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Posts Tagged ‘chocolate chips’

A while back I posted a recipe for a chocolate custard cheesecake dip.  Since then, I’ve been working on modifying the recipe to be stiff enough to actually be a cheesecake, and this Thanksgiving, I think I’ve got it!

My favorite part, besides the taste, is that it is no-bake (after the crust is made), so no complicated baking regimens to prevent cake from cracking or browning.

Chocolate Custard Cheesecake

Crust*:

Cream:

1 stick of salted butter

1/2 t. vanilla

1/2 c. brown sugar.

Mix in:

1 eggs

1 egg YOLK

Add:

1 1/2 c. flour

1 t. salt

1/2 t. baking POWDER.

Stir until just combined.

Add:

3/4 c. semi-sweet chocolate chips

1/4 c. sugar

Stir/knead until sugar and flour is incorporated.

Press dough into bottom and barely up sides of a large spring form pan (at least 9 inches in diameter).

Bake at 350 for about 15 minutes, until crust is set, still soft, and only barely starting to turn golden (edges will be a bit darker golden brown).

*Alternatively, for an entirely no-bake cheesecake, you could use a traditional chocolate cookie crust (1 package crushed chocolate cookie pieces and 1/4 c. melted butter) pressed into a spring form pan.  Chill this in the refrigerator while preparing the rest of the crust.  I haven’t tried this, just read it online.

Cheesecake:

In medium saucepan, whisk together and heat to a simmer on MED:

¾ c. (or 1 small can) EVAPORATED milk

¼ c. flour

Stir in until melted, and remove from heat:

½ c. chocolate chips

Separately, beat until pale:

3 egg YOLKS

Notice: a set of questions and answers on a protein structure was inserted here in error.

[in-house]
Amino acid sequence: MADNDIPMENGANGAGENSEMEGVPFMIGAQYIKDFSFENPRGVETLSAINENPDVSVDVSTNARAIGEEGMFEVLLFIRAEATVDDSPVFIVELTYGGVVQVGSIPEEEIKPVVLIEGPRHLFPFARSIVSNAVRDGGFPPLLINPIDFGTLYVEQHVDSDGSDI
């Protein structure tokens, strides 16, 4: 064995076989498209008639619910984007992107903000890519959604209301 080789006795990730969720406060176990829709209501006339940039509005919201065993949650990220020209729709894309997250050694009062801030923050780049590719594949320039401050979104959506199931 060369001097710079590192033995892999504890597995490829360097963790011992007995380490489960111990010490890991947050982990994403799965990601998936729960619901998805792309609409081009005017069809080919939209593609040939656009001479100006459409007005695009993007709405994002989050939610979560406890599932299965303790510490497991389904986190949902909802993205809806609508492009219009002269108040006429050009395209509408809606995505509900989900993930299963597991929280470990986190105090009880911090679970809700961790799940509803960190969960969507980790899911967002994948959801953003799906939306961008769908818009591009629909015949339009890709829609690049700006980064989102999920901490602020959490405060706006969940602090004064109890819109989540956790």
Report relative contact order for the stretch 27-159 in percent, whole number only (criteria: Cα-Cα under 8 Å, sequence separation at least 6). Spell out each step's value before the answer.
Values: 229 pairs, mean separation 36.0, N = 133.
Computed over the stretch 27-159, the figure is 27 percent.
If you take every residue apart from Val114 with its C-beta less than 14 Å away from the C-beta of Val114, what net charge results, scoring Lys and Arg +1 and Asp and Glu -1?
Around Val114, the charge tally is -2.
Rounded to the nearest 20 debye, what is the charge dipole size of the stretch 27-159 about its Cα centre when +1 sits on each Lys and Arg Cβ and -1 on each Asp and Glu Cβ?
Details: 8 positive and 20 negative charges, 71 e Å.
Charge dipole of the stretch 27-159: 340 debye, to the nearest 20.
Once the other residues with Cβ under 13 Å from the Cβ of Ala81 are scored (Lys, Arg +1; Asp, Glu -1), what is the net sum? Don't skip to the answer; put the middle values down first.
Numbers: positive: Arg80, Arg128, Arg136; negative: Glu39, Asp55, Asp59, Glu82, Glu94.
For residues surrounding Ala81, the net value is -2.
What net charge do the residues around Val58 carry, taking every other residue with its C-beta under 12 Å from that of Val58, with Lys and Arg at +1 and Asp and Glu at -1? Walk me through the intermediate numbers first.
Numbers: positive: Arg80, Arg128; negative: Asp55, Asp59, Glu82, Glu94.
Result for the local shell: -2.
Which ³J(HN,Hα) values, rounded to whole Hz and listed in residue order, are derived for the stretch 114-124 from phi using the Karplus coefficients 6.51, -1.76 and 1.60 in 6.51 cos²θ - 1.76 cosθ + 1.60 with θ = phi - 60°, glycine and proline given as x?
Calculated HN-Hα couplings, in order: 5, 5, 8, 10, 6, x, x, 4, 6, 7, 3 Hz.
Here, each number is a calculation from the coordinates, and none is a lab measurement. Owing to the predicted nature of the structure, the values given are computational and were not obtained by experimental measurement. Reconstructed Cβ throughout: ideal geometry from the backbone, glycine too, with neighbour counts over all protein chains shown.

⅓ c. sugar

Slowly pour warm milk mixture into eggs, whisking constantly.  (If not done carefully, there will be small pieces of cooked egg in the custard, which should then be strained out before the next step.) Return to MED-LOW heat.

Mix in:

(another) ½ c. chocolate chips

2 t. corn starch

Cook until it thickens, about 5 minutes.  Keep stirring.

Separately, beat:

3 packages cream cheese (24 ounces total)

⅓ c. sugar

dash of salt

Pour chocolate custard into sweetened cream cheese and mix thoroughly.  Top crust with this custard mixture and chill at least 4 hours. When slicing, make sure knife goes all the way through crust; hitting chocolate chips feels like hitting the bottom of the pan sometimes.

To God be all glory,

Lisa of Longbourn

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I am not very good at baking cheesecakes.  The first ones I ever made were no-bake, involving whipped topping and no eggs.  But I am avoiding whipped topping, so I’ve been trying my hand at baking.  But it is a lot of work, and the cake tends to crack or brown on the top edges.

 

So I had an idea, for a stiff cream-cheese flavored chocolate dessert/dip.  I did online searches for recipes for anything like it, and couldn’t find any; apparently people don’t usually add cream cheese to their custards.  I was on my own inventing this dish, then.  With this recipe, you’re getting the eggs (like traditional cheesecake) to add flavor and stiffness, but cooking them on the stovetop (in milk or cream like custard) instead of in the oven.  I think it turned out great!
In medium saucepan, heat to a simmer:

1 can evaporated milk

Stir in until melted, and remove from heat:

½ c. dark chocolate chips

Beat until pale:

3 egg yolks

⅓ c. sugar

Slowly pour warm milk mixture into eggs, whisking constantly.  Return to MED-LOW heat.

Mix in: